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Sunday, 31 August 2014

It's raining Meds

Numbers of Mediterranean Gulls at several sites in Kerry are very high at the moment. Although these sites would regularly host one or two birds in late autumn, winter or spring, the early autumn peak in numbers has become very pronounced in Kerry in recent years.

Up to 11 individuals have been seen at Ballinskelligs in recent days, while Dingle Harbour and Ventry have reached 11 and 9 respectively. Keeps your eyes open wherever gulls gather.

Two juvenile Mediterranean Gulls, Ballinskelligs Pier, 31st August 2014 (M.O'Clery).

Juvenile Mediterranean Gull, Ballinskelligs Pier, 31st August 2014 (M.O'Clery).

Wednesday, 27 August 2014

Uncommon recovery of a Common Gull

A ringed Common Gull was found dead by the Skelligs Golfcourse, Waterville, on 23rd August.

Common Gull (M.O'Clery).

Common Gulls breed at a number of island sites in Kerry, but numbers are greatly boosted in winter by birds from elsewhere in Ireland, Britain and from continental Europe. Most recent 'foreign' recoveries of ringed birds have been from Scotland, Norway and one from Poland. There have been a handful of recoveries of Common Gulls ringed in Iceland, but the one here is the first in the last 10 years or so.

The bird was ringed as a chick in June 2006, near Akureyri in north central Iceland.

The details (you can click the image for a closer view)

This bird was found some 1600km from its birthplace, and had survived 8 years. Where it had travelled in that time is anyone's guess...

FOOTNOTE: an email just in, via Jill Crosher, from Svenja Auhage, Fuglamerkingar - Icelandic Bird Ringing Centre...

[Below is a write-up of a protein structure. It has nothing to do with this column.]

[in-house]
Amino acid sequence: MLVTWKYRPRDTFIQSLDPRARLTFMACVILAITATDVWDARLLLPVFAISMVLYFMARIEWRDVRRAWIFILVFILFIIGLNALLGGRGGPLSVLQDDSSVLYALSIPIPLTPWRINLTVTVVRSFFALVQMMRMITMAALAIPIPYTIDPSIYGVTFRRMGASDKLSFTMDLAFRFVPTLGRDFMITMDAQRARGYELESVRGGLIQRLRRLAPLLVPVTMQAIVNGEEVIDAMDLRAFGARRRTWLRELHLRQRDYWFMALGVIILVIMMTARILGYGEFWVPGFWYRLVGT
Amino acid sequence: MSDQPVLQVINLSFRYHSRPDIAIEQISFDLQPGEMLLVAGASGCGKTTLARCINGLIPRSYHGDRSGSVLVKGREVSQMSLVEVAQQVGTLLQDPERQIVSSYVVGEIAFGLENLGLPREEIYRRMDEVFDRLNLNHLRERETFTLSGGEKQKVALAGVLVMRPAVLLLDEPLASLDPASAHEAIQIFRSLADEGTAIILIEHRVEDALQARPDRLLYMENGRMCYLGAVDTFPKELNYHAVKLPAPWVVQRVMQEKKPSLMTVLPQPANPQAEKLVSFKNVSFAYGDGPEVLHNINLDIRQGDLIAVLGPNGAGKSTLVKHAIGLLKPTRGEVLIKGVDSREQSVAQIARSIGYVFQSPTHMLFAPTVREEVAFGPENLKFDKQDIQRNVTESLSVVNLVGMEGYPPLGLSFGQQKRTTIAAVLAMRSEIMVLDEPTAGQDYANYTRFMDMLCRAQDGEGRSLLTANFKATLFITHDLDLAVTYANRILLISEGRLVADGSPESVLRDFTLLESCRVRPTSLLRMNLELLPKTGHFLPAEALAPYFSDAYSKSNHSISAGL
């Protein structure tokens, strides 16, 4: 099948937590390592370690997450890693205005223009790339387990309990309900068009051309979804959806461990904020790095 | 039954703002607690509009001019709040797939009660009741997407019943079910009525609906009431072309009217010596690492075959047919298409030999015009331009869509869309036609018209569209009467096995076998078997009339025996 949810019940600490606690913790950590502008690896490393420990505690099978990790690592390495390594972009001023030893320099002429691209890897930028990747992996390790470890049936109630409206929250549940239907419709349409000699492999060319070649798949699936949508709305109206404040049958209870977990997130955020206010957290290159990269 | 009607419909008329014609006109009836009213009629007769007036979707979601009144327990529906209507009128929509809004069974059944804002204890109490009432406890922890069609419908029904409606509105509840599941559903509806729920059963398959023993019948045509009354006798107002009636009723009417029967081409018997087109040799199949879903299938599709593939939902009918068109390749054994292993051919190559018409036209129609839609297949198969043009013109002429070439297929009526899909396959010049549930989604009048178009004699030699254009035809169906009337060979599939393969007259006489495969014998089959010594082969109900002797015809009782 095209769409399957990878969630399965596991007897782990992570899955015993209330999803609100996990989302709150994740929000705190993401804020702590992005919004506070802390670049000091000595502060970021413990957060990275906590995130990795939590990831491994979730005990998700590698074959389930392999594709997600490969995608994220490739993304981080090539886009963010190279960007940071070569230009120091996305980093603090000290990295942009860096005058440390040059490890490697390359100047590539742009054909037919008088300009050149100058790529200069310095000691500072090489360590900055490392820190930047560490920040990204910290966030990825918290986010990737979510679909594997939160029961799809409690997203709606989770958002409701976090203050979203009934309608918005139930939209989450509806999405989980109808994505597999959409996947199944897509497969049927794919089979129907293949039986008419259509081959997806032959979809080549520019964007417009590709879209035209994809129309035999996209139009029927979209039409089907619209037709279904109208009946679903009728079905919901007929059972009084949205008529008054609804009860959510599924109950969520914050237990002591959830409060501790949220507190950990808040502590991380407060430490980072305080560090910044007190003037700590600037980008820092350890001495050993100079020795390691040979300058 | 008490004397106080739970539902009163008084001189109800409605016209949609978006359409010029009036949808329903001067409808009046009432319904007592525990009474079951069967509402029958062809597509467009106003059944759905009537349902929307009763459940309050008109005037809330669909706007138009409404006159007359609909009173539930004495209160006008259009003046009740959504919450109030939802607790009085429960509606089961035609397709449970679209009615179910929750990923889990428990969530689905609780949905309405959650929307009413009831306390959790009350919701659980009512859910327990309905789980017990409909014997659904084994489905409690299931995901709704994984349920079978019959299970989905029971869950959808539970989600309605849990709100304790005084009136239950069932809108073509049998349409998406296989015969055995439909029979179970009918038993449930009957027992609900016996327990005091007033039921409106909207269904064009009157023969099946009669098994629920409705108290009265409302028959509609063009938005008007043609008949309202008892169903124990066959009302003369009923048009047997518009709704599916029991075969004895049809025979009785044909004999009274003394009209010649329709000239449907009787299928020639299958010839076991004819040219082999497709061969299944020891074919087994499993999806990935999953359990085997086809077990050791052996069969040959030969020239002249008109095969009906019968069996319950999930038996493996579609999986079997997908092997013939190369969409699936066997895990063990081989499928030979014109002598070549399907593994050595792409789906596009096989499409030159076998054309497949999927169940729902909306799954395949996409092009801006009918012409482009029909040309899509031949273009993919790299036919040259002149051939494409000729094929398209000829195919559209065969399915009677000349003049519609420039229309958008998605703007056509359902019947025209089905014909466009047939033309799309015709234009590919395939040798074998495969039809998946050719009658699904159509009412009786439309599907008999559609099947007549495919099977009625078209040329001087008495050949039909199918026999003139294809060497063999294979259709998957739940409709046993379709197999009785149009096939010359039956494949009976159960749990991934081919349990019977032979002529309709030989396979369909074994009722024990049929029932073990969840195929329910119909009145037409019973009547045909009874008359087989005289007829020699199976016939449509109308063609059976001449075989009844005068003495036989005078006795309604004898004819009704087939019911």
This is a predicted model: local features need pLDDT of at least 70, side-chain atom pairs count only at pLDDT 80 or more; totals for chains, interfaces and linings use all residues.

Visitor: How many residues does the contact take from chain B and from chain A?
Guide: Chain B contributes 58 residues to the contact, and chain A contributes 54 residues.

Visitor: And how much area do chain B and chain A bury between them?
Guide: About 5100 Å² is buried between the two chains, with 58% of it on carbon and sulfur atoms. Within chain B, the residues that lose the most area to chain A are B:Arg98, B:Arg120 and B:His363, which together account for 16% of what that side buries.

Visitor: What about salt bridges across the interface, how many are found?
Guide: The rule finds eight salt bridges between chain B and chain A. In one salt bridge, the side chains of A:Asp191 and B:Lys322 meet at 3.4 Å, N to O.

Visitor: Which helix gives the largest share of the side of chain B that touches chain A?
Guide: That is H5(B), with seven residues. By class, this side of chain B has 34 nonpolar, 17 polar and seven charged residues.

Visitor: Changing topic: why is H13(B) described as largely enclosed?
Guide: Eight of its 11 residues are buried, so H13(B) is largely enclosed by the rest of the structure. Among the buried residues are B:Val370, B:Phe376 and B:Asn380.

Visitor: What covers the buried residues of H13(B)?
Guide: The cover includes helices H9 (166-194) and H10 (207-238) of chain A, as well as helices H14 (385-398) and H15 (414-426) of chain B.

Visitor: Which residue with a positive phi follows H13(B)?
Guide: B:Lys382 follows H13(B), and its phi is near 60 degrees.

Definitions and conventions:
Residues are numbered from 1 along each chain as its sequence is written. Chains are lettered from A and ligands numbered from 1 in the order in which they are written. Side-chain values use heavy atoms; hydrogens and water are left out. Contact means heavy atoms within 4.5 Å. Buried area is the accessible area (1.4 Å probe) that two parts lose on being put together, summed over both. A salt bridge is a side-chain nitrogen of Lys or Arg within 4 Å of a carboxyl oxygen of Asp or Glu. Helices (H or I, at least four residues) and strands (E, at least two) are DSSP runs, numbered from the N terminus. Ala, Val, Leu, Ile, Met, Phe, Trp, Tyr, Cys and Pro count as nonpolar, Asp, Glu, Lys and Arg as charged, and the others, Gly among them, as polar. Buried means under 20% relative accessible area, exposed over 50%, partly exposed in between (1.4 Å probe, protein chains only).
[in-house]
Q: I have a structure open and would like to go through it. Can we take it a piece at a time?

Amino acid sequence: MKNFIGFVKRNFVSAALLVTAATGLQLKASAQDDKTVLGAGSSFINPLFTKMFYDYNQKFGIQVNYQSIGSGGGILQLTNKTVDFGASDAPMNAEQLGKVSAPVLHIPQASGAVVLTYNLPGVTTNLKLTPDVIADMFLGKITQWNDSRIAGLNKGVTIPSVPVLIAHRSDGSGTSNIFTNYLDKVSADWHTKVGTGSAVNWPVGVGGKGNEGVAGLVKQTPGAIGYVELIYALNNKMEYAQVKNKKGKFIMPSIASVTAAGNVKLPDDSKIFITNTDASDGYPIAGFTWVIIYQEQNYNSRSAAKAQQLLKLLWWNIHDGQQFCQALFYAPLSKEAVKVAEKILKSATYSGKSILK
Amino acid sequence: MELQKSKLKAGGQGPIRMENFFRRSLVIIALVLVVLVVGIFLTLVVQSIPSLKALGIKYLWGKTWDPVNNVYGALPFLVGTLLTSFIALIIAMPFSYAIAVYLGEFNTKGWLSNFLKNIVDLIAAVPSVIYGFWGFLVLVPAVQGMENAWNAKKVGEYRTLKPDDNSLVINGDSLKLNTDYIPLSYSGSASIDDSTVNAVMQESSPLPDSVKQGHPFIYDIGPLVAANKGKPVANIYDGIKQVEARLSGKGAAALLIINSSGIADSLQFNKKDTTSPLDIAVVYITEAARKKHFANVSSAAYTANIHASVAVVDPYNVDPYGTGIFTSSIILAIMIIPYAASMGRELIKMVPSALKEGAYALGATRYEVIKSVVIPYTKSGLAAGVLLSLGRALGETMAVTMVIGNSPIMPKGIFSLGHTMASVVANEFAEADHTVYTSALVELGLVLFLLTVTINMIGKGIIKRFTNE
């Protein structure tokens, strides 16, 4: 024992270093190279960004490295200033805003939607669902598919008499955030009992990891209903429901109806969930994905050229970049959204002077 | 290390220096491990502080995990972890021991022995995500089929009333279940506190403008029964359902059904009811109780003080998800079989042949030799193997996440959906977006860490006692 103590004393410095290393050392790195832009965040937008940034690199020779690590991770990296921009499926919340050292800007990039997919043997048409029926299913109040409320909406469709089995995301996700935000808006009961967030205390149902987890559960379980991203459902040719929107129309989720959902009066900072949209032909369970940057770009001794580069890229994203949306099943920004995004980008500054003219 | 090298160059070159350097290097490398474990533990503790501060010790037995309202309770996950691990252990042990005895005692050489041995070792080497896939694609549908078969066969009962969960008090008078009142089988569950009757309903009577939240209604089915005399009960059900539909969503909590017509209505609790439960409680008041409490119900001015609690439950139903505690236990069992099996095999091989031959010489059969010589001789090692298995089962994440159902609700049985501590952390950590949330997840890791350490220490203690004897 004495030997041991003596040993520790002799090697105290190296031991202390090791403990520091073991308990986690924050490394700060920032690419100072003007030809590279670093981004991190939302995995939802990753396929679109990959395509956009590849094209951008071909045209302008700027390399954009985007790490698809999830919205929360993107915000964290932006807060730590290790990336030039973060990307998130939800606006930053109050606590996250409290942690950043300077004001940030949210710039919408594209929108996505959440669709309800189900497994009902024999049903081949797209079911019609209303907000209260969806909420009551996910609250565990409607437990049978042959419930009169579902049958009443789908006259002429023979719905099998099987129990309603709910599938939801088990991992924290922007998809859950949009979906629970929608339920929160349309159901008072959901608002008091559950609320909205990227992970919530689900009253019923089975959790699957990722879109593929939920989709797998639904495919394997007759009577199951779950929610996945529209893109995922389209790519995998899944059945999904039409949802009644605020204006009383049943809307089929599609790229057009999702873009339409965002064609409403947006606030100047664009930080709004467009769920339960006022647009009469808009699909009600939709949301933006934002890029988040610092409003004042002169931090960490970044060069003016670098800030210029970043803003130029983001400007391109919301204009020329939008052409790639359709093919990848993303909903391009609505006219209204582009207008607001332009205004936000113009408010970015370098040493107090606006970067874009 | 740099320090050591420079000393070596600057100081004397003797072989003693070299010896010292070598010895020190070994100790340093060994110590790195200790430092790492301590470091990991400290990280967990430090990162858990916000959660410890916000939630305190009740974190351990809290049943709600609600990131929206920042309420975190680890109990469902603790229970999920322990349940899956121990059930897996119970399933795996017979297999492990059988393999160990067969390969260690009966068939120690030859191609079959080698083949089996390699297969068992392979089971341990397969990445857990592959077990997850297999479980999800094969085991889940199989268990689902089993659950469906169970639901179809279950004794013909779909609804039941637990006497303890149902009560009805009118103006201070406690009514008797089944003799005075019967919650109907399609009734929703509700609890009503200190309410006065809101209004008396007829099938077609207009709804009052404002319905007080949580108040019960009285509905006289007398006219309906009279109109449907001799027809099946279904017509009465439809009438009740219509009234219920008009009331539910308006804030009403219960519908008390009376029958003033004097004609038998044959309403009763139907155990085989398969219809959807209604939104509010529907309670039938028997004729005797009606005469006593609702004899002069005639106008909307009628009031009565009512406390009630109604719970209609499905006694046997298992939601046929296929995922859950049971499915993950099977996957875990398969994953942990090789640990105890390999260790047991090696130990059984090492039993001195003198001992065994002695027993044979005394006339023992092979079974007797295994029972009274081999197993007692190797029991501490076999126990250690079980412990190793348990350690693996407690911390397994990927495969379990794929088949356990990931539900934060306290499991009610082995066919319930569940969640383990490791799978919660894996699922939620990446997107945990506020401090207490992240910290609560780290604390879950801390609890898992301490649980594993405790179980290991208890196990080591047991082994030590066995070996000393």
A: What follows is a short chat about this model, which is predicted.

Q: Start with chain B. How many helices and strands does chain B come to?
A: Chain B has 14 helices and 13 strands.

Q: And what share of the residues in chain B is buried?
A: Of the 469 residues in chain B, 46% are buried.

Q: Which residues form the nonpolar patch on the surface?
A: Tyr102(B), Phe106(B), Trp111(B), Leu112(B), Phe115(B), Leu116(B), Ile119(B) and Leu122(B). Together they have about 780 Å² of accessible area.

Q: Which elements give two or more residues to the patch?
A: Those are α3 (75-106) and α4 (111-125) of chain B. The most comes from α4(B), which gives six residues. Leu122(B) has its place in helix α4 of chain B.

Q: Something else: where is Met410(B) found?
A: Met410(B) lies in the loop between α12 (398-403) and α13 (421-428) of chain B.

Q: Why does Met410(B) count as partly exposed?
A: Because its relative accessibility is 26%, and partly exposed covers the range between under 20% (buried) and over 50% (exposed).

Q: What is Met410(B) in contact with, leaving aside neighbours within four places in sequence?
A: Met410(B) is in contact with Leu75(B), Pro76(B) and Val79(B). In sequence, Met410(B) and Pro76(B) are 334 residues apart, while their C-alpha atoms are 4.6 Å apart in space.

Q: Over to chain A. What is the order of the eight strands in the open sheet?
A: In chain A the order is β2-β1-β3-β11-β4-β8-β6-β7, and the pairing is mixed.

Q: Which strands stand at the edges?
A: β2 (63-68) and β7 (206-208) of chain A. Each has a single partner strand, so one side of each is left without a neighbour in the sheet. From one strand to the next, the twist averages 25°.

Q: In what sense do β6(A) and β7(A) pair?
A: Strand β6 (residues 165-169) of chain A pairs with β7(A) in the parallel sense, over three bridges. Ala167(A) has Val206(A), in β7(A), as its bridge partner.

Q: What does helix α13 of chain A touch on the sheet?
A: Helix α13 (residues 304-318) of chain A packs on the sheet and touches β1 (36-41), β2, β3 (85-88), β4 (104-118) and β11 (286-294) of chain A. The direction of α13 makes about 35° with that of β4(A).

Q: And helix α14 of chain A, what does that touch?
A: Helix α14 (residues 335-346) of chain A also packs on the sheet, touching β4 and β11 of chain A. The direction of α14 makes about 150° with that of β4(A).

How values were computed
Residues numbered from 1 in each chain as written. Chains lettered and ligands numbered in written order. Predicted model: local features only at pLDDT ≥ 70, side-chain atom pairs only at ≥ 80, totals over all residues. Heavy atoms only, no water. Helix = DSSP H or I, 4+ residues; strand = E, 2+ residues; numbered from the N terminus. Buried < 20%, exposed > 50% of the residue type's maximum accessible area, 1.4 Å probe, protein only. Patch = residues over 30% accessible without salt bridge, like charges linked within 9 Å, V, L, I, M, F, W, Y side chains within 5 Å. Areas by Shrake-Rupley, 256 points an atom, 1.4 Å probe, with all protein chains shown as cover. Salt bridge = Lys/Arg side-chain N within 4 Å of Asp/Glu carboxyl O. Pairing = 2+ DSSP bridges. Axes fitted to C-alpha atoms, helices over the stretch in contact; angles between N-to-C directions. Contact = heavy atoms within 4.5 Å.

"...I also found quite interesting that just a few days before (18.8.) a Common Gull ringed at exactly the same day at the same location was found dead at the Faroe Islands."

Wednesday, 20 August 2014

Kerry Pelagic

The Kerry Pelagic saw a total of 2 Great Shearwaters, 5 Sooty Shearwaters, 3 Bonxies and a single Arctic Skua and Grey Phalarope - relatively quiet but thoroughly enjoyable nonetheless.

Great Shearwater, 5km NW of the Blaskets, 20th August 2014 (M.O'Clery).

Great Skua, 5km NW of the Blaskets, 20th August 2014 (M.O'Clery).

Tuesday, 19 August 2014

Wetland habitats in Kerry

Is there a wetland near you that should be included in this map?

"Myself and Paddy Crushell have been asked by Kerry County Council to draw up a complete wetland map for Kerry... to include both sites within the state SAC/ SPA / NHA network, but more importantly sites outside of the “recognised” network. 

I was wondering if there were any important sites you feel should be included in such a wetland map? We are looking at both freshwater habitats (bog/fen/lake/ponds artifical or natural etc.) and brackish water (saltmarsh/lagoons/dune slacks etc.).